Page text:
The fact that soldiers from all nine provinces fought in this famous victory gives some cause to claim that Vimy Ridge marked ‘the birth of Canada as a nation.’ This ideal doubtless stems from Brigadier-General Alexander Ross, who commanded the 28th Battalion at Vimy, and subsequently said: “It was Canada from Atlantic to Pacific on parade. I thought then, and I think today, that in those few minutes I witnessed the birth of a nation.” However, to examine whether this claim is fact or fiction, the implications of the phrase “birth of a nation” must themselves be considered. From the context of many who give Vimy Ridge this title, it appears to mean a defining moment in our history in which we ceased to think of ourselves as a British colony and began to understand that we were a distinct nation of our own. Many idealists and militaristic nationalists would have us believe that in this one period of less than two weeks, far from Canada, we somehow made a distinct change from a colony of Britain to a self-assured, patriotic nation – and it was all caused by the camaraderie that our soldiers felt as they slaughtered thousands of German soldiers. The image of Canadians from every province standing shoulder-to-shoulder beneath the Canadian flag and using their unfaltering skills in battle to honor their nation is a hard one to resist, and thus one of the reasons the “birth of a nation” concept has remained around for so long. However, clearer thinkers tend to wonder just why we consider that the deaths of nearly 3600 Canadians supposedly began the life of our country. How exactly can death create life? After all, wasn’t Vimy Ridge just one slaughter in a myriad of others that made up World War One? Nevertheless, we persist in claiming that our nation was born with this carnage. The Duke of Wellington was entirely correct in his statement. The Battle of Vimy Ridge could only have been more tragic if we had lost it.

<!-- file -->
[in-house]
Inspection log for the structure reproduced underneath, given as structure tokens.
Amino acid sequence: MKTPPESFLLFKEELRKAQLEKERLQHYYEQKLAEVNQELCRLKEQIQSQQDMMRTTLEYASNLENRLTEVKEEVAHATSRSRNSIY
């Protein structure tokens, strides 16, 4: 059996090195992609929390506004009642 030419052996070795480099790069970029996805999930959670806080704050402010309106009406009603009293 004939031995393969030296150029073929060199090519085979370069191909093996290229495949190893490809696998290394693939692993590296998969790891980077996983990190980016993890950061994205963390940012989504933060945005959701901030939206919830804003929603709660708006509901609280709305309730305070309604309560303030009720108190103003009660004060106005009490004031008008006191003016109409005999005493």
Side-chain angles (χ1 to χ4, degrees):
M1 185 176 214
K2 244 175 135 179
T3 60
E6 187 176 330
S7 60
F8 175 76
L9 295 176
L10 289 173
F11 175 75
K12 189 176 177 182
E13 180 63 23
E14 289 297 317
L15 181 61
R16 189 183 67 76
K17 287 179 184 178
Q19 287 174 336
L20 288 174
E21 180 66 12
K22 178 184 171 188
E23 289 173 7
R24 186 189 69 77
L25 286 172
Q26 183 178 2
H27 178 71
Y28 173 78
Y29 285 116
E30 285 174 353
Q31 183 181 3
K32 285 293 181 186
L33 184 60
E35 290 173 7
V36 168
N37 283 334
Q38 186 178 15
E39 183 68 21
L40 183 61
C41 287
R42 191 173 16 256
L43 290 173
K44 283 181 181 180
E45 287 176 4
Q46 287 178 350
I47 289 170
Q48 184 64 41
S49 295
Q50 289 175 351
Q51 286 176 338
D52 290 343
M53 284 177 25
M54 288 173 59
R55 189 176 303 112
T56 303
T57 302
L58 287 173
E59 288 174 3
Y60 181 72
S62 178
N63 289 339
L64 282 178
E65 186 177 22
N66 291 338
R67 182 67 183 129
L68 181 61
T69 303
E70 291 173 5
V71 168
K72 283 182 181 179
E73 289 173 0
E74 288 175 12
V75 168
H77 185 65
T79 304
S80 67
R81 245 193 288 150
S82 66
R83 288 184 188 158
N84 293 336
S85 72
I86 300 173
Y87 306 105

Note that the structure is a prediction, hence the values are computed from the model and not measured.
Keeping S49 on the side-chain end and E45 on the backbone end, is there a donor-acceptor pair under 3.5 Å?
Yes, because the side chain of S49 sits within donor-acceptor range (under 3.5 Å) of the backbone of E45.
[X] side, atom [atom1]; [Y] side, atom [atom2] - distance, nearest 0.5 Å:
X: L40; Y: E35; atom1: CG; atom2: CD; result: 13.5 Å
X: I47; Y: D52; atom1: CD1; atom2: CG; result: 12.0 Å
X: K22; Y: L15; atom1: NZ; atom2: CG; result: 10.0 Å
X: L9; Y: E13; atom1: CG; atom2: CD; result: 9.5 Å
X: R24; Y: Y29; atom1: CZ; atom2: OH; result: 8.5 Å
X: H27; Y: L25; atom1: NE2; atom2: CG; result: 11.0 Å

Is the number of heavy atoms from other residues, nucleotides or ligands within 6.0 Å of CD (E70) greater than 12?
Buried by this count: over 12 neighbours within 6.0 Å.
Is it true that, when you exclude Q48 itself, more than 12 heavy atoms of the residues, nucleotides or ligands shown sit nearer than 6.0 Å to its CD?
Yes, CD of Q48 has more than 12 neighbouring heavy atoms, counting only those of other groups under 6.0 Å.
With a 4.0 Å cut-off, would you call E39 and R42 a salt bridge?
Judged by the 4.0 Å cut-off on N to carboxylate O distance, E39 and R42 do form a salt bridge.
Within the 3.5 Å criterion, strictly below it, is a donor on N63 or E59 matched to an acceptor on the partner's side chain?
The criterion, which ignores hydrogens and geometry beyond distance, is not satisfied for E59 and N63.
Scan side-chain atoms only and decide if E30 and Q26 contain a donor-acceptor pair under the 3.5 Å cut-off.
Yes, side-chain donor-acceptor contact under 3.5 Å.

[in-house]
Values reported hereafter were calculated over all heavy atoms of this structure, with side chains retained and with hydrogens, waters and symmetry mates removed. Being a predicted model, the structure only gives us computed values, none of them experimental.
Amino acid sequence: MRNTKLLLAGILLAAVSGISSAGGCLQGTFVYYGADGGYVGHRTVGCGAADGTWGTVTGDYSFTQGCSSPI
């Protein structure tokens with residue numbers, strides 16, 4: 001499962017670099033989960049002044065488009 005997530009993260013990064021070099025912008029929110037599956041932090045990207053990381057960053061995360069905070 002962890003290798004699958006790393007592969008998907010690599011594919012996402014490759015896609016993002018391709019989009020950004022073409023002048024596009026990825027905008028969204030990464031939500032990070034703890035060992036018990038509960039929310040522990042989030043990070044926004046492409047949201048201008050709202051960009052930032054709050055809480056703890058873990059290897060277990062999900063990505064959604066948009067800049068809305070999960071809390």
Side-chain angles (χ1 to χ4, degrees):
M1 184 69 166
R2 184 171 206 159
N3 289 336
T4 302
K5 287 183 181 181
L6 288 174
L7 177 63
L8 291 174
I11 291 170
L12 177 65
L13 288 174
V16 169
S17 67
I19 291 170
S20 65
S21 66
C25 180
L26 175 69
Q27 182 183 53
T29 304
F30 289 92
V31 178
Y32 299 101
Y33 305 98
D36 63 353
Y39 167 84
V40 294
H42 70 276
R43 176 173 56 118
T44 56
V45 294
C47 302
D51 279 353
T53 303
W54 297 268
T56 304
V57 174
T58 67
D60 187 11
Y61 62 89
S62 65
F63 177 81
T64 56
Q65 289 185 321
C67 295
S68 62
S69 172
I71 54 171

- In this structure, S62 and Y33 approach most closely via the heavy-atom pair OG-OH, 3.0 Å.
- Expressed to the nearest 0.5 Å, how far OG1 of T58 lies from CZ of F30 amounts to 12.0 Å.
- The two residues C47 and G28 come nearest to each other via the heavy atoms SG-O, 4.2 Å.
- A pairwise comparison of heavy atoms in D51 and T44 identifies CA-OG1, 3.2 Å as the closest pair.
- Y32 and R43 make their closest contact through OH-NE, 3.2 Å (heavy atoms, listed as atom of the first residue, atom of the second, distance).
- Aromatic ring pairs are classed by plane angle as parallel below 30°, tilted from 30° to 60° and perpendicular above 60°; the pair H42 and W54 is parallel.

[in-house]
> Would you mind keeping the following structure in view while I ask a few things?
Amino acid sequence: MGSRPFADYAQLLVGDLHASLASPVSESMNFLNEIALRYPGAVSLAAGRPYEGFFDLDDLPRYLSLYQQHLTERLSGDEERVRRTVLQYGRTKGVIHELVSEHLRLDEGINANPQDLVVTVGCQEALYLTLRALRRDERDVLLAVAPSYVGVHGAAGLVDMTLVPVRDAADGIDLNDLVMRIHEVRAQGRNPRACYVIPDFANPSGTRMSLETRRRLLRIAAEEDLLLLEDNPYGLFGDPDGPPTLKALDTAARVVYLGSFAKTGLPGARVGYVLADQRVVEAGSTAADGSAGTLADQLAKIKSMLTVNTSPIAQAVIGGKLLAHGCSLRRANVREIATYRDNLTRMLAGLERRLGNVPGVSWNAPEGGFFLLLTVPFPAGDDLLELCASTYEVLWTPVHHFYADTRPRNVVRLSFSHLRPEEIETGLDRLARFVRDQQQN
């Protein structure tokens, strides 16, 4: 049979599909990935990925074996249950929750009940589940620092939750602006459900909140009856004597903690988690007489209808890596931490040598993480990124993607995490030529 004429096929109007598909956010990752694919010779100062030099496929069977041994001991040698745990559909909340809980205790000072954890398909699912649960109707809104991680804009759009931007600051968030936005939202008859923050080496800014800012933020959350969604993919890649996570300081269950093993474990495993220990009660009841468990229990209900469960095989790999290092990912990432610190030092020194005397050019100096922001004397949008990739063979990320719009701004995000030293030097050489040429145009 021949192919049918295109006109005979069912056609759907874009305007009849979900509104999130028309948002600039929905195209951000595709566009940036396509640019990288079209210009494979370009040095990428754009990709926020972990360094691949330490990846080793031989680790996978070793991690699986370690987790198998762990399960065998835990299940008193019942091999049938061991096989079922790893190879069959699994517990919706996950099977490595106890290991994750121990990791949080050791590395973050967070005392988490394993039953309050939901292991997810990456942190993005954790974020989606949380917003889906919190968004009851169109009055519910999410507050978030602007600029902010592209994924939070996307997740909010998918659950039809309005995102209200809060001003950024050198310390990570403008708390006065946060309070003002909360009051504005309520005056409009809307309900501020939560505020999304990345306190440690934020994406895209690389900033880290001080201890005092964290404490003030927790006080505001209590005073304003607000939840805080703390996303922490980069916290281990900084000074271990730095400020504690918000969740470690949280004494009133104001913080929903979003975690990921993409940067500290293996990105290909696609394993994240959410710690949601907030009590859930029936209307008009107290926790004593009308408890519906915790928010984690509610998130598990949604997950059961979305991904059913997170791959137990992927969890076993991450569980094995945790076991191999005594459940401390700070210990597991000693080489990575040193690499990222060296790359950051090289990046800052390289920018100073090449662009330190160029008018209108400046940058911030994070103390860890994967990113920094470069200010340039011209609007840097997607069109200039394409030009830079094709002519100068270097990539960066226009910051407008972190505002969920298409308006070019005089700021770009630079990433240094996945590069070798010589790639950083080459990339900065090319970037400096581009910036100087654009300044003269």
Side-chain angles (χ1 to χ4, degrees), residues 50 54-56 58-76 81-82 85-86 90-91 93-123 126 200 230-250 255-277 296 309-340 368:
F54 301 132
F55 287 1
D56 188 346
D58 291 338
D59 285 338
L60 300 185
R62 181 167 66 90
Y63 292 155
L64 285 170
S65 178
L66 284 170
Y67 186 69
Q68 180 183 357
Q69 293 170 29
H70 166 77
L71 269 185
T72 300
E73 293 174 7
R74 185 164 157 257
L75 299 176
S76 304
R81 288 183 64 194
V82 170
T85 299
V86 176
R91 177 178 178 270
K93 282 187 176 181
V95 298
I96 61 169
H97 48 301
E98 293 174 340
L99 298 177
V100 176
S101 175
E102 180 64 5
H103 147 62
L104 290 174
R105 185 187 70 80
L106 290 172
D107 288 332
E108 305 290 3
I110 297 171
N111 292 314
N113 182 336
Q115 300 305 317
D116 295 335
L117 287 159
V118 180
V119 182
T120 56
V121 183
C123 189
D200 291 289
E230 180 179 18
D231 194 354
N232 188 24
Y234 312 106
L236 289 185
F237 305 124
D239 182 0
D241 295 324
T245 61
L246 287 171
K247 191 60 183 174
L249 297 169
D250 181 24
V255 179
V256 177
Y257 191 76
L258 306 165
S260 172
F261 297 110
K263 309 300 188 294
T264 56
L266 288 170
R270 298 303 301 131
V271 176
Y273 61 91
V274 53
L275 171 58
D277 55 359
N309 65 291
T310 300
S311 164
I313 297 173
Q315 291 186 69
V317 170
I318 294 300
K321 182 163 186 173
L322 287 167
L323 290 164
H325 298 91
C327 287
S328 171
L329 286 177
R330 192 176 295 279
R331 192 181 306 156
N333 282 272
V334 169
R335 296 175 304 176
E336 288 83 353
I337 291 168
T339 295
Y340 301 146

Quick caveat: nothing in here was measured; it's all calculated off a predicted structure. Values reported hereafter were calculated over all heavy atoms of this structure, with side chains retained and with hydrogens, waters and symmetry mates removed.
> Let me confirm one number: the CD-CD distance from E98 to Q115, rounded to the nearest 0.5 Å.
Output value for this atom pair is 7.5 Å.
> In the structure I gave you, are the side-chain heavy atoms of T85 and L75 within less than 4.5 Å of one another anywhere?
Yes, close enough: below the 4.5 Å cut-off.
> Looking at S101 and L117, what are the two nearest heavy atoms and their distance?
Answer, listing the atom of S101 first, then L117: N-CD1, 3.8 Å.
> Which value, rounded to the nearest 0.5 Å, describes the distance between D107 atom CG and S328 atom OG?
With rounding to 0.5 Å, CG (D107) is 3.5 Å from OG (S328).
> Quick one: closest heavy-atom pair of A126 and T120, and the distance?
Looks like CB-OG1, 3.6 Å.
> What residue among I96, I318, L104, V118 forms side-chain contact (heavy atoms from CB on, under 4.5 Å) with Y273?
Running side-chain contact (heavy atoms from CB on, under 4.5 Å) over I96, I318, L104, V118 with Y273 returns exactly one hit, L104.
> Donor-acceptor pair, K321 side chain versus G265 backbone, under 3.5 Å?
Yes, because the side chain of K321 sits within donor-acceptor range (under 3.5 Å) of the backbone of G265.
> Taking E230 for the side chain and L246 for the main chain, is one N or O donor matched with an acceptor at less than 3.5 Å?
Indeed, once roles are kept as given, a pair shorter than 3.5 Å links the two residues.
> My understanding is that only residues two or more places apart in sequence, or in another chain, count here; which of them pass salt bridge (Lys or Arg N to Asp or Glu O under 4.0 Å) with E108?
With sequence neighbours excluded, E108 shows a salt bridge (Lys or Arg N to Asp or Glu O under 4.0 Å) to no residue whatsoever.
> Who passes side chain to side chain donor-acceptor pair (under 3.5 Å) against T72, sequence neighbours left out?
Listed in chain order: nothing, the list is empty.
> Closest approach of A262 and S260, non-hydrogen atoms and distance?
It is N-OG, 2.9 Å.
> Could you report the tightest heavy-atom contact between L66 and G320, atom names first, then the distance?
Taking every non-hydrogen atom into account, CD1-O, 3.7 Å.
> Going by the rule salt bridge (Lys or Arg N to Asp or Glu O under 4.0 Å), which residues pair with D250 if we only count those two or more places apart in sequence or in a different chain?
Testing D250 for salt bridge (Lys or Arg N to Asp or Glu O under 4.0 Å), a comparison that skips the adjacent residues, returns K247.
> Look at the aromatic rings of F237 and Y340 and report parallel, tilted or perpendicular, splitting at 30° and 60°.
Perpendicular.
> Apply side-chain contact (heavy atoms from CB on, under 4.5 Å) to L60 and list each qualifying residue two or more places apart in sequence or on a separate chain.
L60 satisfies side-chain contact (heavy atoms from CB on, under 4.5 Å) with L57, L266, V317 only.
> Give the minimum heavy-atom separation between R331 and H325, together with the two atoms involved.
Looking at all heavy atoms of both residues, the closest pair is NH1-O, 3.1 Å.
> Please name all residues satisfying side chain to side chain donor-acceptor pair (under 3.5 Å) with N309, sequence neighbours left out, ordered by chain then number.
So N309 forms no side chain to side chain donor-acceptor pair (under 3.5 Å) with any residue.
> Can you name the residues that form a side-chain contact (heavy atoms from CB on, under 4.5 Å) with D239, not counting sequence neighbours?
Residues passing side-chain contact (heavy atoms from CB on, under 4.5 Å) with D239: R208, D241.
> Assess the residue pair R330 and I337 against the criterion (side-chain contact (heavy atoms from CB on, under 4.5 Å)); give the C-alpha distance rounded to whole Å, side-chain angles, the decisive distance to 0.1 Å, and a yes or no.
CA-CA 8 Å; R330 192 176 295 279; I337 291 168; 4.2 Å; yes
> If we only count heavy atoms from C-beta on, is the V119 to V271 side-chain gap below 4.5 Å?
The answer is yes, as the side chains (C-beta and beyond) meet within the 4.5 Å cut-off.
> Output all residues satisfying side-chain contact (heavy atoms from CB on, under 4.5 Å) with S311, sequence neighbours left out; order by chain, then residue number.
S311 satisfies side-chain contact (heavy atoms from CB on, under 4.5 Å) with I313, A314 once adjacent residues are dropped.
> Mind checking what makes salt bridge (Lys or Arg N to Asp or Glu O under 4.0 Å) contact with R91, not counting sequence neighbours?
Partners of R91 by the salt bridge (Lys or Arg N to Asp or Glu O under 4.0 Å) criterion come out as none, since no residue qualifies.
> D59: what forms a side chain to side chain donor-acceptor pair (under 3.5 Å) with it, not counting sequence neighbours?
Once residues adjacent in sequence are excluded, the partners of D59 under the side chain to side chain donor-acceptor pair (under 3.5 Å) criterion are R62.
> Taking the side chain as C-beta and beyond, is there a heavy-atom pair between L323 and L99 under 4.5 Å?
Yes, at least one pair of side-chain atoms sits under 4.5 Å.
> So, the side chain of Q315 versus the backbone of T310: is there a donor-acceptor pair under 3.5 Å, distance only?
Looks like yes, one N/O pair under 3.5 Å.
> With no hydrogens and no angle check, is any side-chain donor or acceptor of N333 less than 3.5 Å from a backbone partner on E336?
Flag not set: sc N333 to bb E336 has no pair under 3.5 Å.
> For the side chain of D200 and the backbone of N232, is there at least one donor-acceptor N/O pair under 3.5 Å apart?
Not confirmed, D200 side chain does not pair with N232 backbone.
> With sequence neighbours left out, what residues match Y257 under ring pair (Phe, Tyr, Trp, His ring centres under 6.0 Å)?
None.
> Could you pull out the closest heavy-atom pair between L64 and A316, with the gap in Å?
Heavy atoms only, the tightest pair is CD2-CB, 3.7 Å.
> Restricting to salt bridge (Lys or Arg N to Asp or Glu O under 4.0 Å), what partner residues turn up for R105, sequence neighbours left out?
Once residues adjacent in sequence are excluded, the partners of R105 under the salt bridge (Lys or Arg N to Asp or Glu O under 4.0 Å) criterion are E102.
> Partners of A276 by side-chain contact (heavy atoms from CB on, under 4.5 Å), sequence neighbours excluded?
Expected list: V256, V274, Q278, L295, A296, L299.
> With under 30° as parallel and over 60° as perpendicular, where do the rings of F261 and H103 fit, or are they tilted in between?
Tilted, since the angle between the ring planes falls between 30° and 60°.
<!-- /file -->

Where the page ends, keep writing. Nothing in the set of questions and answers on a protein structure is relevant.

There are various other legitimate reasons that Vimy Ridge cannot possibly be considered our nation’s birth. Firstly, an unfortunate truth is that, while Canadian history books claim that Vimy Ridge led the Allies to victory and led the way to ending the war, other countries tend to simply consider it as just another battle in an endless series of them. The Allies suffered over one million casualties in 1918, the year after Vimy Ridge was taken. An impressive success by Canada’s untested troops it may have been, but it certainly was not a turning point in the war. John Keegan, a British historian and author of The First World War, calls it “the first day of the Battle of Arras.” Keegan’s opinion of Vimy Ridge is that the Canadians’ luck there was also repaid heavily by the French in a separate battle. He has this to say on why the Germans were set back so far at Vimy – because of

“an absolute deficiency in divisions on the Vimy-Arras sector. The compensation for that was to be felt by the French at the Chemin des Dames, where fifteenGerman counterattack divisions had been assembled behind the twenty-one in the line. If the Germans had been surprised at Vimy-Arras, it was to be the way about on the Aisne.”